Institutionalizing political dialogue is a necessary step to desecuritize dialogue. Verification and control measures are put in place so that mistrust can be overcome. Ultimately, this desecuritization of talks can lead to normalization. The frequency and depth of constructive dialogue bears the potential to normalize what used to be seen as unthinkable, just as it became normal that Iran‘s foreign minister Javad Zarif had regular one-on-one meetings with his American counterpart John Kerry.
Iran‘s aim was to be politically elevated on the global stage by going through this 3-step-process: from institutionalization to desecuritization and normalization. This, however, can be argued to be exactly what opponents of the JCPOA do not want to see happening. Enmity towards Iran from Washington to Riyadh, to Tel Aviv and Abu Dhabi has led to coordinated efforts to block ‘desecuritizing‘ and ‘normalizing‘ Iran.
Political leaders in Tehran will now expect European officials to express interest in continuing to engage Iran. During every encounter, EU High Representative Federica Mogherini discussed far more than just JCPOA-related affairs with Iranian foreign minister Javad Zarif, including regional issues, or even Iran‘s human rights situation. Keeping this spirit alive while strongly rejecting the rhetoric from Washington will certainly be appreciated in Tehran and will be seen as generating political gains.
For Iran, the JCPOA resembled an arrangement with world powers. At least tacitly, this gave Tehran some assurance that regime change policies and military action are off the table. This, however, has drastically changed with the Trump administration building an anti-Iran coalition, according to Secretary of State Mike Pompeo.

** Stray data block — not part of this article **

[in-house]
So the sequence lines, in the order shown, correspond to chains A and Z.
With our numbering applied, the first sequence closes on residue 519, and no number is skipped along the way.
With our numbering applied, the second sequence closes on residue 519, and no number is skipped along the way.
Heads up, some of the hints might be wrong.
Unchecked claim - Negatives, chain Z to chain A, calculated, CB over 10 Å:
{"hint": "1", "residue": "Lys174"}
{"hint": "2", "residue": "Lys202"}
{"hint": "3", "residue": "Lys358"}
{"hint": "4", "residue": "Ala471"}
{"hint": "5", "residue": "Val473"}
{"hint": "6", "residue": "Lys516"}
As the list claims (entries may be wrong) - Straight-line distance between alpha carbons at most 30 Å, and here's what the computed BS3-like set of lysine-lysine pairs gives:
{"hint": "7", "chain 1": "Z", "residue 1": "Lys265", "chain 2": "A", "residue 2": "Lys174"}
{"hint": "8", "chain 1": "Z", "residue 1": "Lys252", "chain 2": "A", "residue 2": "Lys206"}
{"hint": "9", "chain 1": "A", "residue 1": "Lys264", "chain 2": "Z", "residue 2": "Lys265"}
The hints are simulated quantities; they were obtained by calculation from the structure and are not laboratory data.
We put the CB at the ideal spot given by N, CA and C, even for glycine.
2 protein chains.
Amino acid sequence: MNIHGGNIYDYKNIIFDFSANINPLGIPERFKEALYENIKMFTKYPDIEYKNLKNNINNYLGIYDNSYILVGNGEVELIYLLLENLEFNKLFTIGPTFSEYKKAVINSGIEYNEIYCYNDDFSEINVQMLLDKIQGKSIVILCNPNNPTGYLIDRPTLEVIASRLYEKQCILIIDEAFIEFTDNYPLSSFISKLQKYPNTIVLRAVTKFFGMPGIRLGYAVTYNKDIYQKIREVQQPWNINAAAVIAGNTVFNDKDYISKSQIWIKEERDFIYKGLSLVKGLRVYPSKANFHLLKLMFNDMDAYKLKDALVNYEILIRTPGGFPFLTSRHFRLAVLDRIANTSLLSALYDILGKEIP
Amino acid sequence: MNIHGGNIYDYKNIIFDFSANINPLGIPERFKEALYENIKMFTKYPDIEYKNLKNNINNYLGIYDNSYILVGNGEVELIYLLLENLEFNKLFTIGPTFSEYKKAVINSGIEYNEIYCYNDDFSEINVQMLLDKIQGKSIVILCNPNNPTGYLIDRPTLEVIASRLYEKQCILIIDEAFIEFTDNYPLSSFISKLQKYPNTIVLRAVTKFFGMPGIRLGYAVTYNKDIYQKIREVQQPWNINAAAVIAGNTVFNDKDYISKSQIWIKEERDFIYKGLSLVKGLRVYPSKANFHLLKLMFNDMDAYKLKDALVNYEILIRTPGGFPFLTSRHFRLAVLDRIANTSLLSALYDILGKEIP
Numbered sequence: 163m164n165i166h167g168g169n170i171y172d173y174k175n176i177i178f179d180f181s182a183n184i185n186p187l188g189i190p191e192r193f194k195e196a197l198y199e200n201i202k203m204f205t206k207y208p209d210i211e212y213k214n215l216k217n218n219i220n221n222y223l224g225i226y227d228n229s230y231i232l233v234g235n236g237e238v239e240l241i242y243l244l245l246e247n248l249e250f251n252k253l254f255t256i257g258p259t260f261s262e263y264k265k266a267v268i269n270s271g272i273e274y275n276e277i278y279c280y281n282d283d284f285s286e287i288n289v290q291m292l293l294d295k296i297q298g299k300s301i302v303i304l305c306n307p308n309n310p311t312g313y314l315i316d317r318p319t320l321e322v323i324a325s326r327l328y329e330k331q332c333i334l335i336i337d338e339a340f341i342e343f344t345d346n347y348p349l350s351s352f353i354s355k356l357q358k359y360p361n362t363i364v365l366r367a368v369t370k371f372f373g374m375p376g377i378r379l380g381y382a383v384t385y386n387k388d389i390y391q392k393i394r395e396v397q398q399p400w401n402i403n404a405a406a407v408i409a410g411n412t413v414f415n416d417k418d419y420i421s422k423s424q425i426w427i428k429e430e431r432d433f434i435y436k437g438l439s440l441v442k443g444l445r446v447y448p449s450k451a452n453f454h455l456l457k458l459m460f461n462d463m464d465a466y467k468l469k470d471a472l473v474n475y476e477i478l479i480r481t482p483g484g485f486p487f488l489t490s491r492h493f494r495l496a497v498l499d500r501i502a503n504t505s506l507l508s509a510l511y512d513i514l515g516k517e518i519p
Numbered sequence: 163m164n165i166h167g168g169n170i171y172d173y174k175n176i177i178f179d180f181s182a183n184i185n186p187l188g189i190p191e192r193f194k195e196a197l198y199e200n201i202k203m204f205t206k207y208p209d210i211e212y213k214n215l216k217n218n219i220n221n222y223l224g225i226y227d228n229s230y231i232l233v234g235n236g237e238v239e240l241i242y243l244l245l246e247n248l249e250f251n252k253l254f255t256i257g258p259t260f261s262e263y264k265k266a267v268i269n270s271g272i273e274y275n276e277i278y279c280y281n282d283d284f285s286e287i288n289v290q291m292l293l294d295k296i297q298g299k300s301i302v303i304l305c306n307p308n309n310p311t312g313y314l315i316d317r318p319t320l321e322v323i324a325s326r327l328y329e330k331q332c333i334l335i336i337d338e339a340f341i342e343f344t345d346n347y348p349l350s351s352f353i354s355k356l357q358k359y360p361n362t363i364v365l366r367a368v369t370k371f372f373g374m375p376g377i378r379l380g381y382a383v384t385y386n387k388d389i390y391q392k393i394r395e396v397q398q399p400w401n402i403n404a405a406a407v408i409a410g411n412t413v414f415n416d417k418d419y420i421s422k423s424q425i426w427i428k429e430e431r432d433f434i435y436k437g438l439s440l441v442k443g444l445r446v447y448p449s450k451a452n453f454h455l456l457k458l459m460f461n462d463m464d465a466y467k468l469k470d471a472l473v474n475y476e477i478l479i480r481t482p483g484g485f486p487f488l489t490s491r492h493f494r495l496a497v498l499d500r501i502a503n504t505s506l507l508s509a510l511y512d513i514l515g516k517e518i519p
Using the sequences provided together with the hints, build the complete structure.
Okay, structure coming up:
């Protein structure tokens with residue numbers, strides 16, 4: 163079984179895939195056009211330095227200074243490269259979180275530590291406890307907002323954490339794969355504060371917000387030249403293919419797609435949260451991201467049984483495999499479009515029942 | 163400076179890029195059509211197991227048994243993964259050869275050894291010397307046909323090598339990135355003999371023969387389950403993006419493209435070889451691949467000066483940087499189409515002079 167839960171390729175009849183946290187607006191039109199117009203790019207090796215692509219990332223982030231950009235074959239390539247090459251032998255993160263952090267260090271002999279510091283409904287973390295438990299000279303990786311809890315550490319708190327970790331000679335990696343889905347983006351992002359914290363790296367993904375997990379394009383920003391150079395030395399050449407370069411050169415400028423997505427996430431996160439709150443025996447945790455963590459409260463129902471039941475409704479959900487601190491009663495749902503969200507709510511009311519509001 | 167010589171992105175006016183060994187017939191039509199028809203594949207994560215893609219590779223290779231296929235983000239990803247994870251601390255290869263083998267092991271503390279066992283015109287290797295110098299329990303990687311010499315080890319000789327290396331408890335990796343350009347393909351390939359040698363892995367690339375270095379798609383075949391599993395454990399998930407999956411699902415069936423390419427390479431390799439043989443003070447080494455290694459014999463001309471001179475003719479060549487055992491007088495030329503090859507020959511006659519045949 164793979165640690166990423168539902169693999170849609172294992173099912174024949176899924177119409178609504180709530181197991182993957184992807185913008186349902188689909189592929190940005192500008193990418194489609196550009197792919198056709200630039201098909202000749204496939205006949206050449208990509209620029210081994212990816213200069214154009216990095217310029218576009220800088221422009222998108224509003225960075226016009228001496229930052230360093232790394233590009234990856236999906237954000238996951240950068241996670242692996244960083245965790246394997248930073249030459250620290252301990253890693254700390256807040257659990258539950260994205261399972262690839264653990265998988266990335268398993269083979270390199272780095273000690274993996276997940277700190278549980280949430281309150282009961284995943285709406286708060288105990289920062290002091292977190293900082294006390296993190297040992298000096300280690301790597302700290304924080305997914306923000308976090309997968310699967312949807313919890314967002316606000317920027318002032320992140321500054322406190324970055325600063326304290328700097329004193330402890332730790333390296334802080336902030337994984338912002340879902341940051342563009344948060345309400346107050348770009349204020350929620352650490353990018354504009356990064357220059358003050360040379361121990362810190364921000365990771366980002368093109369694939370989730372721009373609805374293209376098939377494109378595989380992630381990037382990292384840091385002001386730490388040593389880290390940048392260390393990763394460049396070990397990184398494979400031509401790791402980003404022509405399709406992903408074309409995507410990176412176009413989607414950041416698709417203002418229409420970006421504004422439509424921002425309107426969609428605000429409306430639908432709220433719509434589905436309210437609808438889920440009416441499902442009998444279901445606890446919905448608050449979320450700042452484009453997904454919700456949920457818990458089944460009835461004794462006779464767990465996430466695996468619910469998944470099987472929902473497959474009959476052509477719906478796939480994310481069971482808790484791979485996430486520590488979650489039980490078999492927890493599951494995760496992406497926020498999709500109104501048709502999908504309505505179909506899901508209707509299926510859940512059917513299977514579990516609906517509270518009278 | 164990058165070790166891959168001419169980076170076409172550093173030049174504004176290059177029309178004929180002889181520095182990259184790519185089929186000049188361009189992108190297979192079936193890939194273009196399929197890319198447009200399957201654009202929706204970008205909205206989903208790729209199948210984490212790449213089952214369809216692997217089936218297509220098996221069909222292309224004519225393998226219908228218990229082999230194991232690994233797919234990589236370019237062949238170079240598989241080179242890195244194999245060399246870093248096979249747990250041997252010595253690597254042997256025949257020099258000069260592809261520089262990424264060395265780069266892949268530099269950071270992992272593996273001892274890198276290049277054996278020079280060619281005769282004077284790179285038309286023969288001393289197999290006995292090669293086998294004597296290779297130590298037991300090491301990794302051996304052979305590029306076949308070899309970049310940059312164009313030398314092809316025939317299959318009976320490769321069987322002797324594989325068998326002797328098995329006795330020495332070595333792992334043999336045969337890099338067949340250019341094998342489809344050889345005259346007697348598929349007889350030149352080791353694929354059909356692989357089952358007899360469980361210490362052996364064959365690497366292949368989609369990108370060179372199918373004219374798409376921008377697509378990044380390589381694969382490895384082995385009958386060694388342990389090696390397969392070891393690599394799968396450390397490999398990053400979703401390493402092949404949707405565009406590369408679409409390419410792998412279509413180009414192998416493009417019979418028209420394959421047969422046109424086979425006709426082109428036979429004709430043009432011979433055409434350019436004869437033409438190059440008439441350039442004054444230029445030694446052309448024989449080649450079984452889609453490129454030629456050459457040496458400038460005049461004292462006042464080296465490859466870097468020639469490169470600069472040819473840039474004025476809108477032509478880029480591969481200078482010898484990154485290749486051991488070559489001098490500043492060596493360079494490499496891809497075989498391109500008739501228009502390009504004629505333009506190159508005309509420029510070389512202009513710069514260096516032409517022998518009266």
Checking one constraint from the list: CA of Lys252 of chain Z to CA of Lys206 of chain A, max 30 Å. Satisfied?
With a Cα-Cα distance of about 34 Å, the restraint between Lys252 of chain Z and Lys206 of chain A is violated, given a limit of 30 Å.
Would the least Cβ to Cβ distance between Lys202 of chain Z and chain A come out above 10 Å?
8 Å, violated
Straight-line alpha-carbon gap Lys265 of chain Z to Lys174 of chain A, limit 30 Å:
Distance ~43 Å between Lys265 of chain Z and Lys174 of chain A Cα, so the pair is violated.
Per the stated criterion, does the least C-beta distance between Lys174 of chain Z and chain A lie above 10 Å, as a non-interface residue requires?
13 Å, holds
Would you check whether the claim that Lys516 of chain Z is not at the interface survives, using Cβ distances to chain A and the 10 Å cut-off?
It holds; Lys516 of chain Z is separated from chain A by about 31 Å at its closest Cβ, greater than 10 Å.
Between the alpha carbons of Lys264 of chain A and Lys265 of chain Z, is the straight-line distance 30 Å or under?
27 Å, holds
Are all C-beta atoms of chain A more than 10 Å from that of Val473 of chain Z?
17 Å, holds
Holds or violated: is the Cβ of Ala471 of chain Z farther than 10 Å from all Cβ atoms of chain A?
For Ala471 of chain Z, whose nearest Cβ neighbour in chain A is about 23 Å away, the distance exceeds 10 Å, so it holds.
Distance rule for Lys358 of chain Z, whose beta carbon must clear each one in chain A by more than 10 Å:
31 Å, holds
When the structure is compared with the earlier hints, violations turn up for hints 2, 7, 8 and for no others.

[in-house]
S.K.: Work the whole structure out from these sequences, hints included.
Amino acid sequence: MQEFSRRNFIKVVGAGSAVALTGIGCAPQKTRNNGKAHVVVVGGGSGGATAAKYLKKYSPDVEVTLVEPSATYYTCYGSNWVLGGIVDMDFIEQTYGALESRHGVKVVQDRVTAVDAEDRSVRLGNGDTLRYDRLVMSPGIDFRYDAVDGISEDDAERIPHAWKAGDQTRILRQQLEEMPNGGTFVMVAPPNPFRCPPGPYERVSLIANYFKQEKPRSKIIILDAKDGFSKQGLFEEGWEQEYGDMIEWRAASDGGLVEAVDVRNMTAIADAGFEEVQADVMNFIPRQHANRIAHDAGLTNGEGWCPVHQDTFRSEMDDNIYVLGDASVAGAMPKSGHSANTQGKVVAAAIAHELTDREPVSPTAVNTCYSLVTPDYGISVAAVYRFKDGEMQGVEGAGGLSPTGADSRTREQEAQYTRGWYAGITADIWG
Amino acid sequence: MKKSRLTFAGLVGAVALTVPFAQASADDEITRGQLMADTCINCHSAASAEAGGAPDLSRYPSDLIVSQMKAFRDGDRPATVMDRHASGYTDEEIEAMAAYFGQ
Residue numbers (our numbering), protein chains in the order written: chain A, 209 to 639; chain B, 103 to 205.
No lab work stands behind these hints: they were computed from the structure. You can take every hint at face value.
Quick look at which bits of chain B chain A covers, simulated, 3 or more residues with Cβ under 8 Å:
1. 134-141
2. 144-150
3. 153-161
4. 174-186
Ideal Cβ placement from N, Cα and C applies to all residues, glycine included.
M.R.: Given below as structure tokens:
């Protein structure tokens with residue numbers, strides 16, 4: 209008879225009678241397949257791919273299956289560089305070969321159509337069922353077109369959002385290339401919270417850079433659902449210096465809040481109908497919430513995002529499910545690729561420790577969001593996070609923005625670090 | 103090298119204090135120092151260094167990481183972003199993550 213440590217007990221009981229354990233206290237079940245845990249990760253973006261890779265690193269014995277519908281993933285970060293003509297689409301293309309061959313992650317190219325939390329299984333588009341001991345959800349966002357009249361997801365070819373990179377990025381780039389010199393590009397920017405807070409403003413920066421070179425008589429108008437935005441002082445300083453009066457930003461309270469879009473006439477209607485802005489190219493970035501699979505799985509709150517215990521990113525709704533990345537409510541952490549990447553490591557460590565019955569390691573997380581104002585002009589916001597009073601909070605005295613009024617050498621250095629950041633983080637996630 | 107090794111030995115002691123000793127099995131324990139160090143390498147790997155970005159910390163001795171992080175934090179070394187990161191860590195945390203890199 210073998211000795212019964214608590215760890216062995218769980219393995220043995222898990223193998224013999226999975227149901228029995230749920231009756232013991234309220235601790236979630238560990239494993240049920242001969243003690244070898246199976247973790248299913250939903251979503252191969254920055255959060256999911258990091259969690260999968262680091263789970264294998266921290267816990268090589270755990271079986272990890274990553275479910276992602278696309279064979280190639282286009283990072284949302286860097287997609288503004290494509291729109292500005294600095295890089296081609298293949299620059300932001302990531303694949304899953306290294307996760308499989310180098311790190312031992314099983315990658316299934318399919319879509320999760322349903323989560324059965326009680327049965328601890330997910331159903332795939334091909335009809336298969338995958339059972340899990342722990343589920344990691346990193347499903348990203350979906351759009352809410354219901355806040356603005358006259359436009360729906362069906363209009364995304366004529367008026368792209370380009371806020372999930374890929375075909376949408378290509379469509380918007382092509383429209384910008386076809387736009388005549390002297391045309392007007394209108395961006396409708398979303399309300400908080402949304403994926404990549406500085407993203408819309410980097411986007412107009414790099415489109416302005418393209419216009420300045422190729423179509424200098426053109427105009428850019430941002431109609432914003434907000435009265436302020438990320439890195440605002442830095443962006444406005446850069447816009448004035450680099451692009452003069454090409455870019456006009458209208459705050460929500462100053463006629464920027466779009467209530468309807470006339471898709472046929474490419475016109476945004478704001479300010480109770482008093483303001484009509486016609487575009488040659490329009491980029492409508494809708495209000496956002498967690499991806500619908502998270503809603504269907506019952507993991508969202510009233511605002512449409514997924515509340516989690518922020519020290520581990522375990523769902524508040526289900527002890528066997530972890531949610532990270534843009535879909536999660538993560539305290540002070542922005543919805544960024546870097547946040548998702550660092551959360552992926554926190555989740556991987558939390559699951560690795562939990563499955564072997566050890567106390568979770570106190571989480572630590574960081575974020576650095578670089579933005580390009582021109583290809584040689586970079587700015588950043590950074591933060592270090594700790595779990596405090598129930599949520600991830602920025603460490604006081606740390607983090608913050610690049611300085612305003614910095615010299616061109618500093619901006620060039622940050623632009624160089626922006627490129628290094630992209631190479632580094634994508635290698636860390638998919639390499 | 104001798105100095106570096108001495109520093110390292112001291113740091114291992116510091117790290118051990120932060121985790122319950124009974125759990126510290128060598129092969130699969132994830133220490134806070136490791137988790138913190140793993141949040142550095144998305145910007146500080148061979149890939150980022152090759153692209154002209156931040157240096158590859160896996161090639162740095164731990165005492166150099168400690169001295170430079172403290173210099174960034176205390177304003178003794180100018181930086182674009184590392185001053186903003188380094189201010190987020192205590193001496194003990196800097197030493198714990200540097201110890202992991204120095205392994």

In order to address Iran‘s regional posture in the Middle East, it will be indispensable to acknowledge Iran‘s security interests – just as the security interests of any nation should be taken seriously. Europe can broaden talks on shared concerns such as migration, drug trafficking, counter-terrorism and regional stability. Serious progress on these domains has always mattered to both sides. The talks on Yemen between Iran and the E4 (Germany, France, United Kingdom, and Italy) have been a promising first step.
Serious security concessions are needed to convince Iran to scale down its means of deterrence, which are a point of concern for Iran‘s neighbours. But these concessions are unthinkable without the US. After all, Iranian deterrence is directed at US presence and allies in the region, and could only be alleviated through talks with the US.
This brings Russia in a formidable position. In the previous months, Iranian-Russian exchanges have expanded and deepened, with meetings not only among presidents and foreign ministers, but between ministers of defence, ministers of education, as well as between influential clerics. Iran may try to secure Russian (and Chinese) veto protection in the UN Security Council, as it was seen by the Russian veto on an alleged UNSCR 2216 violation by Iran.
Iran may very well conclude that its security is less challenged if it stays committed to the JCPOA. The above aspects are on the table.
In April 2015, when the finalization of the nuclear agreement was on the horizon, Iran‘s Supreme Leader Ayatollah Ali Khamenei made clear that he views the ongoing negotiations as a “test“. If the other side proves to be trustworthy and a positive experience is made, talks on other issues could follow.
Particularly for Europe, this would have been important. It has no ocean between its mainland and the Middle East. The security of the region is closely tied to the security of Europe. It is therefore of utmost importance for Europe to invest into keeping its leverage on multiple regional actors intact. Iran should be one of them. Ensuring that the JCPOA survives will manifest the European role against all odds in not only initiating and coordinating but also safeguarding the most robust nuclear non-proliferation treaty in history. And it would enable Europe to engage Iran beyond the nuclear file.
Republished, with permission, from The Progressive Post.